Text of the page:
Thursday, March 12, 2009
The Bold and Decisive Trichet...
...doing more than "people think".
But the problem has gravitated toward dollar financing requirements. LIBOR and bond activity confirm this. Behind the curve once again.
March 12 (Bloomberg) -- European Central Bank President Jean-Claude Trichet’s new weapon to battle the recession is taking him closer than it seems to zero interest rates.
Trichet is allowing the ECB’s deposit rate, which lenders earn on overnight deposits with the central bank, to usurp the benchmark refinancing rate and become the main driver of short- term borrowing costs. At just 0.5 percent, the deposit rate matches the Bank of England’s key setting and is only a step away from the zero-to-0.25-percent range the Federal Reserve uses.
That is pushing interest rates for banks down, helping Trichet answer critics who accuse him of not doing enough as the euro-region economy sinks into its deepest recession since World War II. The deposit rate is “very, very low,” Trichet said three times in an hour at a press conference on March 5.
He “is implicitly admitting that the deposit rate has now become the key barometer of the ECB’s policy,” said Nick Kounis, chief European economist at Fortis in Amsterdam. “The ECB has become more and more comfortable in pointing that out, not least because it’s been accused of keeping interest rates too high.”
The euro overnight index average, or Eonia, fell to 0.85 percent yesterday after the ECB’s latest rate cuts took effect -- about 0.7 percentage point below the 1.5 percent benchmark rate. Overnight deposits dropped to 56.3 billion euros, the lowest amount since Oct. 8.
The ECB’s decision to offer banks unlimited amounts of cash, announced on Oct. 8, has culminated in the deposit rate setting the new de facto cost of short-term money. The move removed the need for banks to borrow in the money market to meet their reserve requirements.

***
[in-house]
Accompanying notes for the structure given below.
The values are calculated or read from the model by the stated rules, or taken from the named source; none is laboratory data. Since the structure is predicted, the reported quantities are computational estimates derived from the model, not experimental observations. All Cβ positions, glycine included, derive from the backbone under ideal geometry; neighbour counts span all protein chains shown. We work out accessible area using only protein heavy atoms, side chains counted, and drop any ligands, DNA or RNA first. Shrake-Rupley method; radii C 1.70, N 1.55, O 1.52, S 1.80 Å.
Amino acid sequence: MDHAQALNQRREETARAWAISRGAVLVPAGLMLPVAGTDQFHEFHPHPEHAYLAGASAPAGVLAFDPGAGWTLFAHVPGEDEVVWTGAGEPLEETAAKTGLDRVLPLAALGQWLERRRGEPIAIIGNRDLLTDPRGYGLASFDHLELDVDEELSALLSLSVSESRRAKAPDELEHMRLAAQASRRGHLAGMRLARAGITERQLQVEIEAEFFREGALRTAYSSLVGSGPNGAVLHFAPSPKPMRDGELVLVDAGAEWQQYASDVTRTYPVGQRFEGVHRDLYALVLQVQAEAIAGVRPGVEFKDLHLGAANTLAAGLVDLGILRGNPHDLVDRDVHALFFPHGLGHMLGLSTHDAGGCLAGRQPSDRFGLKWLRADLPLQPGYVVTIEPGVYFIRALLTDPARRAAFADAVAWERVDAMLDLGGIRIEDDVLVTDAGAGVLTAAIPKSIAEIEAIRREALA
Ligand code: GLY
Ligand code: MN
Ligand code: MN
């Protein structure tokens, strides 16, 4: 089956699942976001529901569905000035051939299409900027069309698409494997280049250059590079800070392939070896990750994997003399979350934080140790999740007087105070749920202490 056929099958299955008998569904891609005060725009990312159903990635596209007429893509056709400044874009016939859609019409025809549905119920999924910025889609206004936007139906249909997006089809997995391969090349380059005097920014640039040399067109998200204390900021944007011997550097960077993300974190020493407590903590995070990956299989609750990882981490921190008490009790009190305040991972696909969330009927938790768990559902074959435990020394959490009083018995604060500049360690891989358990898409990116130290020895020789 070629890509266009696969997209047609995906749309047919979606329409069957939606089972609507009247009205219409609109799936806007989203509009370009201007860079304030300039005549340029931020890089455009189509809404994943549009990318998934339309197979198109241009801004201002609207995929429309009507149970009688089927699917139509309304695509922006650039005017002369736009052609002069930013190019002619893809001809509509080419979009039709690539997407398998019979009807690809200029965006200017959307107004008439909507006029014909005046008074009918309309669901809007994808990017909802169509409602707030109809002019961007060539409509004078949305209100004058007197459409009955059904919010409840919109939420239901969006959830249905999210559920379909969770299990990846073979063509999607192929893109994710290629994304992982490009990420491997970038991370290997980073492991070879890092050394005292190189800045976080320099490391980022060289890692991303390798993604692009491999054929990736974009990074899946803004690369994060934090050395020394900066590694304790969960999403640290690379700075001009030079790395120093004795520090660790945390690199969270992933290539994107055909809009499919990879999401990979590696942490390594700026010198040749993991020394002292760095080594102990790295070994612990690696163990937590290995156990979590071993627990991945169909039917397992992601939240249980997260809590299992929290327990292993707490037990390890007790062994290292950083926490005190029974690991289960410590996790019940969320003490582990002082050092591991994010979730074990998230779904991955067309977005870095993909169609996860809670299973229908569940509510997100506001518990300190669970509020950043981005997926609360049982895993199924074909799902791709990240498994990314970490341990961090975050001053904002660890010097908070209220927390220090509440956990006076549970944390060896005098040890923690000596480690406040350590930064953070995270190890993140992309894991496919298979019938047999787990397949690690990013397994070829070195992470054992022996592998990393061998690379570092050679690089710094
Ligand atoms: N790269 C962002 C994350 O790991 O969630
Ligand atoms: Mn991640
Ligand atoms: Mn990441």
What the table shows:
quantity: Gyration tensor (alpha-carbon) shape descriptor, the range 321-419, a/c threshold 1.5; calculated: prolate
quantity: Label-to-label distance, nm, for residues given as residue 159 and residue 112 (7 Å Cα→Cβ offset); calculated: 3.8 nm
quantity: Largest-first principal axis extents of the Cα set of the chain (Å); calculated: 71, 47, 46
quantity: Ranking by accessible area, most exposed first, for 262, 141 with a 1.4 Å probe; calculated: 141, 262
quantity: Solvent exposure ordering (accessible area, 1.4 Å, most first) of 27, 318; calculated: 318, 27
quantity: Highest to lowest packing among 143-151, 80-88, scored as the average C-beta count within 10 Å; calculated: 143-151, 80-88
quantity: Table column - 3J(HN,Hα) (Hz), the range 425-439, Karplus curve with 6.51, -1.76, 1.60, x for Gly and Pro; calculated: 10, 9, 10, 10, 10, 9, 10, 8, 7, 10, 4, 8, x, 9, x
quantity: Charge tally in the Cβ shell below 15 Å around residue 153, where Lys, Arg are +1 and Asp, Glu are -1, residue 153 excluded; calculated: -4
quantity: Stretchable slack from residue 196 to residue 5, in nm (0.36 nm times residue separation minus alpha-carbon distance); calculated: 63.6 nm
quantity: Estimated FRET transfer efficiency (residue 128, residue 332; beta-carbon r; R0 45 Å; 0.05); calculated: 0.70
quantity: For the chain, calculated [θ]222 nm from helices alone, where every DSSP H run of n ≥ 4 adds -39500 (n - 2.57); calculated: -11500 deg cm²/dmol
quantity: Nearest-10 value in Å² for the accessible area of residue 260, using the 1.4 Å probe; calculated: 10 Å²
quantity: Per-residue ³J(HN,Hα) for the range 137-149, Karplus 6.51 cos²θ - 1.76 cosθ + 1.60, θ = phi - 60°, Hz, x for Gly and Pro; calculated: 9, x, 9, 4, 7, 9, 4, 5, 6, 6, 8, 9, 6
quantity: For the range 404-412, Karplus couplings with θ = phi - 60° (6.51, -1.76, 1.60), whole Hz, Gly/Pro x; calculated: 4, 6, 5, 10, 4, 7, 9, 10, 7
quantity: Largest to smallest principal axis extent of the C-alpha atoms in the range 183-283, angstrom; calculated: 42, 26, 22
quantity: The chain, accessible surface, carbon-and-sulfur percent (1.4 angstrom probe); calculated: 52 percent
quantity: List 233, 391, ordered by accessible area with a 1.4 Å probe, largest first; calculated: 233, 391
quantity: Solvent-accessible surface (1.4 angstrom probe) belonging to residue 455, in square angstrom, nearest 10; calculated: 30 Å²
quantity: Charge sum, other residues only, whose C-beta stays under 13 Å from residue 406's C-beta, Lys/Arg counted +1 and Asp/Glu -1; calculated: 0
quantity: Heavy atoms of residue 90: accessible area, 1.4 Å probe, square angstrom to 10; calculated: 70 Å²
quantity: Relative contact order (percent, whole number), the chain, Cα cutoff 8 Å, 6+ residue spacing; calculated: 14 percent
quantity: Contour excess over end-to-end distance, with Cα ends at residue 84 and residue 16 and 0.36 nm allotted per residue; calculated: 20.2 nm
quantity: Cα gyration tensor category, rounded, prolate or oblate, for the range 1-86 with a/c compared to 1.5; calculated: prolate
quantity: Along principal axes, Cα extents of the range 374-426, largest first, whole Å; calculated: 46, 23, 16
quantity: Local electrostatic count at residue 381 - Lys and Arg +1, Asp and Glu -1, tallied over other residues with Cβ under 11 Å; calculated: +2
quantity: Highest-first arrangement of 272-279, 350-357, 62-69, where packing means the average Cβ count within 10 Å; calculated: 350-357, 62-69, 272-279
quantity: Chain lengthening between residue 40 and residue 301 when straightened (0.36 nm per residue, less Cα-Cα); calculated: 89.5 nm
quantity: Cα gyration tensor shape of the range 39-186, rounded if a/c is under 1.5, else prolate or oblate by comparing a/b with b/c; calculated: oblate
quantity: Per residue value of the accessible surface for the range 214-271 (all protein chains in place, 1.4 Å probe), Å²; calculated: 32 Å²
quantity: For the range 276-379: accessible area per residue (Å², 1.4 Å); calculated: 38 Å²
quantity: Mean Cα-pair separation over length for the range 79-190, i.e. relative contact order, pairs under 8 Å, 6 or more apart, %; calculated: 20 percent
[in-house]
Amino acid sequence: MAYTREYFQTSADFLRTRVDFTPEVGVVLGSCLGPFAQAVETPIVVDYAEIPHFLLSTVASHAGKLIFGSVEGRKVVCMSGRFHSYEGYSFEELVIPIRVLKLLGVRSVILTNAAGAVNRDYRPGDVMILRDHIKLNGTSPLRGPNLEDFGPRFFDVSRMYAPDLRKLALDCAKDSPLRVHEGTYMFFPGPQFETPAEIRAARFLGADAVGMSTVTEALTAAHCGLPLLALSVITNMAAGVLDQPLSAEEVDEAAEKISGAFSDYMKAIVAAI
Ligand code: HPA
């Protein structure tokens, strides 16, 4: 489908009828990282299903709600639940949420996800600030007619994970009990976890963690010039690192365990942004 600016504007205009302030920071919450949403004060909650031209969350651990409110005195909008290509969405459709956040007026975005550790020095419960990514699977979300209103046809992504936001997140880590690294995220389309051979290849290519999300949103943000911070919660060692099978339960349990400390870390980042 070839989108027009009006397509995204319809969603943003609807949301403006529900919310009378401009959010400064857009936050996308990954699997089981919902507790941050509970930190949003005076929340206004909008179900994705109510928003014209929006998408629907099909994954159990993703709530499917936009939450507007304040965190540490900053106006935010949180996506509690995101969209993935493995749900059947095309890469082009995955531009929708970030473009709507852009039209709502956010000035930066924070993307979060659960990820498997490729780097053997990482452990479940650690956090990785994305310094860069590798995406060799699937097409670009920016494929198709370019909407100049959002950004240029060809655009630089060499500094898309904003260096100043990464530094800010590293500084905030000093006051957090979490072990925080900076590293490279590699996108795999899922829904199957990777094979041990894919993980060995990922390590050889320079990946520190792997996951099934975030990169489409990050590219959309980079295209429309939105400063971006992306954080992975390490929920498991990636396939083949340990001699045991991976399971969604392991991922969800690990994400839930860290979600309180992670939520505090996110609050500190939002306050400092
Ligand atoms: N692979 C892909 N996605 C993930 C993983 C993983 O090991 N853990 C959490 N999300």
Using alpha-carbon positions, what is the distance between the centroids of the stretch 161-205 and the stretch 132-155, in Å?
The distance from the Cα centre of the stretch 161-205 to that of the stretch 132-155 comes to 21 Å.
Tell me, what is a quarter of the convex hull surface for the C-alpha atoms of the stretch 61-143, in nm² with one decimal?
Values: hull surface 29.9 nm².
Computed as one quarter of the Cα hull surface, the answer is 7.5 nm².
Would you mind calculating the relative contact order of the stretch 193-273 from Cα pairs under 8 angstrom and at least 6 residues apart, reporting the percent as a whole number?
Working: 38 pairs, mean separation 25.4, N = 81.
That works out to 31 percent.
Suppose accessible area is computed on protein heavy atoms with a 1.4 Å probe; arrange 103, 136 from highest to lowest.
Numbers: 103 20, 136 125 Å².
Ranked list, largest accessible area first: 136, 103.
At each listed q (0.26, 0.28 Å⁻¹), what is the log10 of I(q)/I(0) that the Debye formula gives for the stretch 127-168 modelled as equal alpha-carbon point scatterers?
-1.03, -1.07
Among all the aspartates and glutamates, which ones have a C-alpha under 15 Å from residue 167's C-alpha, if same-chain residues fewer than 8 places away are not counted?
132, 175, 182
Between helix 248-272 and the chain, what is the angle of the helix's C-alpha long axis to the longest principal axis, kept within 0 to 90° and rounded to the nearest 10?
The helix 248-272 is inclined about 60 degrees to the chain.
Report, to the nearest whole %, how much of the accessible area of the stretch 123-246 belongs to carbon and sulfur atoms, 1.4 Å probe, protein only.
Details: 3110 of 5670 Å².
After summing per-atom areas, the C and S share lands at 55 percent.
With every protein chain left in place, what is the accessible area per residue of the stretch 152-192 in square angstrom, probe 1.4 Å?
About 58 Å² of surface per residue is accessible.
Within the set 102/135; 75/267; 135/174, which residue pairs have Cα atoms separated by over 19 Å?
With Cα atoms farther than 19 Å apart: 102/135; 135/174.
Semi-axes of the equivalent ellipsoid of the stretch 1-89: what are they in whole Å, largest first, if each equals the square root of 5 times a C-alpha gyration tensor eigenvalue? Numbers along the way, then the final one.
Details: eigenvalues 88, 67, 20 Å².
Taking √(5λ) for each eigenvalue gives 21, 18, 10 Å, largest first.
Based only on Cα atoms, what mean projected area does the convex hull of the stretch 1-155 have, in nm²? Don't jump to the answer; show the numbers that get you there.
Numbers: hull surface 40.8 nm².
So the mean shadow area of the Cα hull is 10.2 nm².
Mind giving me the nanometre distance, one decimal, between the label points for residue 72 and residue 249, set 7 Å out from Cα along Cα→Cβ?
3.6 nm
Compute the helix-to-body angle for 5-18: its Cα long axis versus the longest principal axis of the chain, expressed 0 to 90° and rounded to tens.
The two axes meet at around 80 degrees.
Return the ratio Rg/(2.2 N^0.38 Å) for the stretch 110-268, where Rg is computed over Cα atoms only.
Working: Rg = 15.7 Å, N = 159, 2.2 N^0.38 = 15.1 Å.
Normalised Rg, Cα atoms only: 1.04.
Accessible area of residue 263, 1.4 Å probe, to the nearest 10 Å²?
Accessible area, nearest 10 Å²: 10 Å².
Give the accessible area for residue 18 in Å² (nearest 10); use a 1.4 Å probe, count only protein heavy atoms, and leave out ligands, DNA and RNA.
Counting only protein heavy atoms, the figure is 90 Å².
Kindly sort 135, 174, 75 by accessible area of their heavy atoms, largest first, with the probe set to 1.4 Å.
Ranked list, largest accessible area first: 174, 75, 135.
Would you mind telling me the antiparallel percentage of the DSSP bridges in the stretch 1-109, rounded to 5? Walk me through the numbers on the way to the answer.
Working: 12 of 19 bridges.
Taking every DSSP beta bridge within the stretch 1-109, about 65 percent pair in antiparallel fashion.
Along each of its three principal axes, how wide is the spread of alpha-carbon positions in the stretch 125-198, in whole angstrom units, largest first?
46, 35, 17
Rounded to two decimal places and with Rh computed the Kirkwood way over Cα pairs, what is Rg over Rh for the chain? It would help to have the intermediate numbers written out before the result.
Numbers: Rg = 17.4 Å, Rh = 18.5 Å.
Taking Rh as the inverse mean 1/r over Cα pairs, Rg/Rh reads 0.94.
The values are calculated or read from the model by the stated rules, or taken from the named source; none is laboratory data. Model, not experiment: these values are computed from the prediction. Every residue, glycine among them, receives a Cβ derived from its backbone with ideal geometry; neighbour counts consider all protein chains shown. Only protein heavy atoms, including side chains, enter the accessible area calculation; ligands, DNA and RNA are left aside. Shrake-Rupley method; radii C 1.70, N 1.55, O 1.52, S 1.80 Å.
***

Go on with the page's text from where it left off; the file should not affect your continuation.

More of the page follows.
Banks have been reluctant to lend to each other since Lehman Brothers Holdings Inc. went bust on Sept. 15, preferring to stash excess money with the ECB instead of taking the risk.
As demand dried up, interbank-lending rates dropped toward the deposit rate. The Eonia rate averaged 106 basis points above the deposit rate in the seven years before the ECB started providing unlimited liquidity in October. Since then, the gap has shriveled and yesterday stood at just 35 basis points.
Unlimited cash “results in refinancing costs for banks well below the current benchmark interest rate,” ECB council member Axel Weber said on March 5. “We expect banks to pass this on to consumers and companies to stimulate the economy.”
Boost for Economy
The overnight Eonia rate “is a very important starting point for all market expectations,” said Julian Callow, chief European economist at Barclays Capital in London. “Any further reduction in Eonia expectations would lower Euribor rates and so be a considerable benefit for the real economy.”
The euro interbank offered rate, or Euribor, that banks say they charge each other for six-month loans dropped to a record low of 1.8 percent yesterday. Market rates of the same maturity traded at 2.08 percent in the U.K. and 1.93 percent in the U.S.
While Trichet hasn’t ruled out further rate cuts, officials are hesitant to go much lower. There is “no reason to see the refinancing rate below 1 percent,” Weber said on March 10. “I also see a problem with lowering the deposit rate to zero. I would prefer to leave it at 0.5 percent.”
That reticence may be linked to Japan’s experiment in the 1990s, when it lowered its key rate to zero to revive its economy in what became known as the “lost decade.”
Japan shows that keeping rates too low for too long “will cause interbank trading to run dry, despite the ECB’s efforts to revive it,” said Michael Schubert, an economist at Commerzbank AG in Frankfurt.
Some ECB officials are concerned that too-low market rates will become counterproductive because they will sap banks’ returns and give them less incentive to trade with each other. That would undermine the ECB’s aim to revive interbank lending through its unlimited liquidity operations.
“If we had excessively low interest rates, why would banks start lending to each other?” ECB council member Yves Mersch asked March 10. “It would be much safer to put their excessive funds into the central bank rather than engage in the interbanking market.”
He is “driving home the point that the ECB is doing much more than people think.”
To contact the reporter on this story: Jana Randow in Basel at email@example.com